Know this: I am not a huge meat eater. I DO believe that what we eat tends to determine how sick we are during a year. I DO believe that certain ailments can at least be alleviated by eating or avoiding certain foods. BUT too much of a good thing is......a bad thing. Vegans notoriously get their protein from soy-based items. Too much soy has been linked to breast cancer. I don't say this as the scientist who has done all the research, rather to show that for every good thing there is usually an example of why the good thing isn't so good. Then there's fish oil. When we don't eat it here we take it in capsule form. That's not at all vegan.

Ah - anyway - I was glad I didn't pay for the book and in spite of two "former Ford models" saying it's a good thing, I think I'll wait until they get some M.D.s behind their skinny names before I tout this book as the next best thing to sliced tofu.

Sunday, June 14, 2009

....oh, about a year ago....

About a year ago I.....

- was planning Vacation Bible School for church

This year I.....

- am planning Vacation Bible School for church

About a year ago I.....

- was nervously awaiting the results of the kids' standardized tests

This year I.....

- liberated all of us from the anxiety by skipping the tests

About a year ago I.....

- was planning a (BIG) family reunion in (MY) backyard and going (VERY) insane

This year I.....

- marked the season with the death of one of "the sisters"....one of my Aunts who just was always there along with the other two....sort of one Aunt and two bookend Aunts.....

To everything there is, indeed, a season. Some things stay the same for good purpose. Reaching children should not be a 'numbers game' involving a ratio of non-churched to expense. (But - alas - it often is.) I'm glad some things stay the same.

And some things change because we have a good mind to change them. The liberation and freedom of homeschooling easily lend itself to a year off of standardized testing. Nevermind that in traditional school settings the testing is not an annual occurrence - we homeschooling types are held to higher standards.....mostly by prying eyes and telling comments. Yet a little change does a body good.

Of course all things change not by our will, but by His good will. In fact, 'not a hair can fall from my head' apart from His good pleasure and I find that exceedingly comforting. Not confining. Not restricting. Oh-so-liberating. For if I were in control I shudder to think at the results. And so life changes drastically when family is called Home.....but Home is a most excellent place to be. The very best, in fact.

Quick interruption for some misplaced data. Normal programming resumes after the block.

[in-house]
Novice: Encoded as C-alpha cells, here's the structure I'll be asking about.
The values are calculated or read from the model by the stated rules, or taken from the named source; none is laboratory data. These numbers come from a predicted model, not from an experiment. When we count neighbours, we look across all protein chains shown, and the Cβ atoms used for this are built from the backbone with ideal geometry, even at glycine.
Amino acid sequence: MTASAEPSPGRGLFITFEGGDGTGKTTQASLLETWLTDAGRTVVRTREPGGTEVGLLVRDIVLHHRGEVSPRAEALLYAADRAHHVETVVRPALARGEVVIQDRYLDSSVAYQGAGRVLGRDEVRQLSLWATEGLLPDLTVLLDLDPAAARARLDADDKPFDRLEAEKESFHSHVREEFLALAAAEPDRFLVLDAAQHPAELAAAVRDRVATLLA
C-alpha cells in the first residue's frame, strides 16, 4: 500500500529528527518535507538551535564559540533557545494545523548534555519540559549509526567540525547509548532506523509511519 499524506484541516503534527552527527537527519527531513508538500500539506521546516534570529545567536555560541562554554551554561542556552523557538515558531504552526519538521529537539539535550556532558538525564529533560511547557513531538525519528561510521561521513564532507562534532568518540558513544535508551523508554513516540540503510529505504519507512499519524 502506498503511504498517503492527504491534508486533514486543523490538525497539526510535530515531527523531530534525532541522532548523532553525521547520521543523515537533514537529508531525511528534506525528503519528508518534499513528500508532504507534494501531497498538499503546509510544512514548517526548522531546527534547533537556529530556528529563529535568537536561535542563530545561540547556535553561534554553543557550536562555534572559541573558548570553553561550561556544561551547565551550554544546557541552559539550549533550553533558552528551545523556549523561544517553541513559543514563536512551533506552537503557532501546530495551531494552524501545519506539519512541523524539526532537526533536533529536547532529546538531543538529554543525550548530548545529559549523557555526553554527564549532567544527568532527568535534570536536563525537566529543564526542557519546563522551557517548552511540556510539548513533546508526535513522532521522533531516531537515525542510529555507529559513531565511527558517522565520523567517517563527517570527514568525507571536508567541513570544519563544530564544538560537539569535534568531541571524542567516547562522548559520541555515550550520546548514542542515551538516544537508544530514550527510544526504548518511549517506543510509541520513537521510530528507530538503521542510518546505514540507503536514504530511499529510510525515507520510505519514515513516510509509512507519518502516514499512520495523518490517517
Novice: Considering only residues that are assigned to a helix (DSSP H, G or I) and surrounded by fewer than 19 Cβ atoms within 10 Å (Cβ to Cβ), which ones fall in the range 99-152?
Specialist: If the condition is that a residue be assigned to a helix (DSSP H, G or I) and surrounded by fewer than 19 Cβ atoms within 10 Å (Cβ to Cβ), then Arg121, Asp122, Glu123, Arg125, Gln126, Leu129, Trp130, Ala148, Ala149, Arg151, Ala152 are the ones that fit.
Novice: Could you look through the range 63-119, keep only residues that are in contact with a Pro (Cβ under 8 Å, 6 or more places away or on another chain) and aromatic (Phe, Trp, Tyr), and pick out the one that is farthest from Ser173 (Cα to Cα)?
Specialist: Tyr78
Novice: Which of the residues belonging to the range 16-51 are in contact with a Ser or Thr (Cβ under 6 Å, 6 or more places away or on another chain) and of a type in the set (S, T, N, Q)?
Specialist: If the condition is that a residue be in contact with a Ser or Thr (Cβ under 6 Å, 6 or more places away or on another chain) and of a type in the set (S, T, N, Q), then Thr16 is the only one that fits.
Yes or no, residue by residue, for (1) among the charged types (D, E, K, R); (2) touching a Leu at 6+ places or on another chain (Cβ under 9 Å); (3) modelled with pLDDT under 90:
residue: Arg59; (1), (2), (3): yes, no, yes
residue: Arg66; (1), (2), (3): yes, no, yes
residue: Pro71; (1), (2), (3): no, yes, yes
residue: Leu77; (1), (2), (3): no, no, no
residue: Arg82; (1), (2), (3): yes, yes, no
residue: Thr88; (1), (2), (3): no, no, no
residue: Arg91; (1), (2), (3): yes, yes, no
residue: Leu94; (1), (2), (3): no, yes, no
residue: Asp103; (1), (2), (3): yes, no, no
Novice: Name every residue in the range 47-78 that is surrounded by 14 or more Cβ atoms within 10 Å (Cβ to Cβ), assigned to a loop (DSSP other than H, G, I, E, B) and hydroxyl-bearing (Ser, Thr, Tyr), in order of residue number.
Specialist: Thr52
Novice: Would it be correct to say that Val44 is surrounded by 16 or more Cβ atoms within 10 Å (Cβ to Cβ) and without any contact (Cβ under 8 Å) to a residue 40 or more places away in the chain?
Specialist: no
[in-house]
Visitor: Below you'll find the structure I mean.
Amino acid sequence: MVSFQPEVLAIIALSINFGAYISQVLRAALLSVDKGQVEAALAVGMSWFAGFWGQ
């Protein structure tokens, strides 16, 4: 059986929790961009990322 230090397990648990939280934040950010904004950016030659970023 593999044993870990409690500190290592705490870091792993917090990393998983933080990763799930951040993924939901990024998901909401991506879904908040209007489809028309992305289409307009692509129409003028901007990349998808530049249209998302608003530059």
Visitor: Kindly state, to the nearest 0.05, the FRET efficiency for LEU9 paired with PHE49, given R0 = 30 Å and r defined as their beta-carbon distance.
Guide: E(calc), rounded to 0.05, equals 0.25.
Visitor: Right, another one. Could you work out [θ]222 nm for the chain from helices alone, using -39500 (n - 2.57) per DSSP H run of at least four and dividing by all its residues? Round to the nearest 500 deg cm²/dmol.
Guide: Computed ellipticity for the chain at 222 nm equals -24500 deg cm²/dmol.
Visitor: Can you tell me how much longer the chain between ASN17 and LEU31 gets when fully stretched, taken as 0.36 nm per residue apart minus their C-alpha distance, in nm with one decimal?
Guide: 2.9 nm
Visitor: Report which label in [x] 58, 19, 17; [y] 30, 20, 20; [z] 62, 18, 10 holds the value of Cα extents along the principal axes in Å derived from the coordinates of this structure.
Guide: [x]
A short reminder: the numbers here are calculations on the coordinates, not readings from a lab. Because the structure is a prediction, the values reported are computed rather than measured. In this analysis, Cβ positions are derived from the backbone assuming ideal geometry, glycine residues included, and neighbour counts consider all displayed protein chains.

Friday, June 5, 2009

Context Is King.....when it's convenient

I had a few glimmering rays of wisdom during my time in the religion department at my alma mater. One such glimmer was a now retired professor whose favorite thing to say during freshman religion class was: "Context is king!" We used a book back in the day - one that has since been revised and I cannot speak to the revisions - it was entitled 'How To Read The Bible For All Its Worth' by Fee & Stuart. I remember the class well, perhaps in large part because I did not have to argue much during that semester. (This would not be the case for future religion and philosophy classes at the same institution.)

"Context is king!" is not a bad motto to hold for one's life in most - if not all - arenas. In fact as I type this little ditty I cannot think of a time when "context is king" would not hold itself up to the closest scrutiny. Perhaps only in comedy would context kind of throw a wet blanket on something otherwise quite humorous.

This came to mind specifically this morning when I checked in at various websites reading posts, seeing the pithy Facebook 'status updates' of various "friends", reading in the way that 2009 adults read in the a.m. I chuckled when I saw that a comment I had made on someone's status update for the night before had been deleted. It seems that this "friend" didn't like context too much as I had pointed out that a quote he probably intended to woo his loyal female followers (he's a divorcee) was written by a bisexual author/poet and probably not for the audience my "friend" was intending. It seemed context really didn't work for him and I was summarily deleted.

And as our (cough, sputter) President woos the Muslim peoples of the world into slick submission - to which I say to him "good luck with that" - it seems he has thrown context out the political window yet again (how often can one window be broken?) We have a President reaching out and wooing a group that doesn't want wooing - they want heads on silver platters. Where was this man when planes were driven into towers, as women long before that were subjected to the worst kinds of humiliation (because they had the nerve to be female), as children were raped and beaten? This is the group he wants to now befriend? Radical or no, this is no religion that is a friend to women - a friend to grace - a friend to children - a friend to anyone but brutal, power-hungry men. Context, it seems, is little more than an antiquated afterthought.

So many instances of people forgetting that "context is king". Unlike my freshman year religion class, I could be doing a lot of arguing on a rather routine basis. Yet while context may still be king - sometimes silence is golden.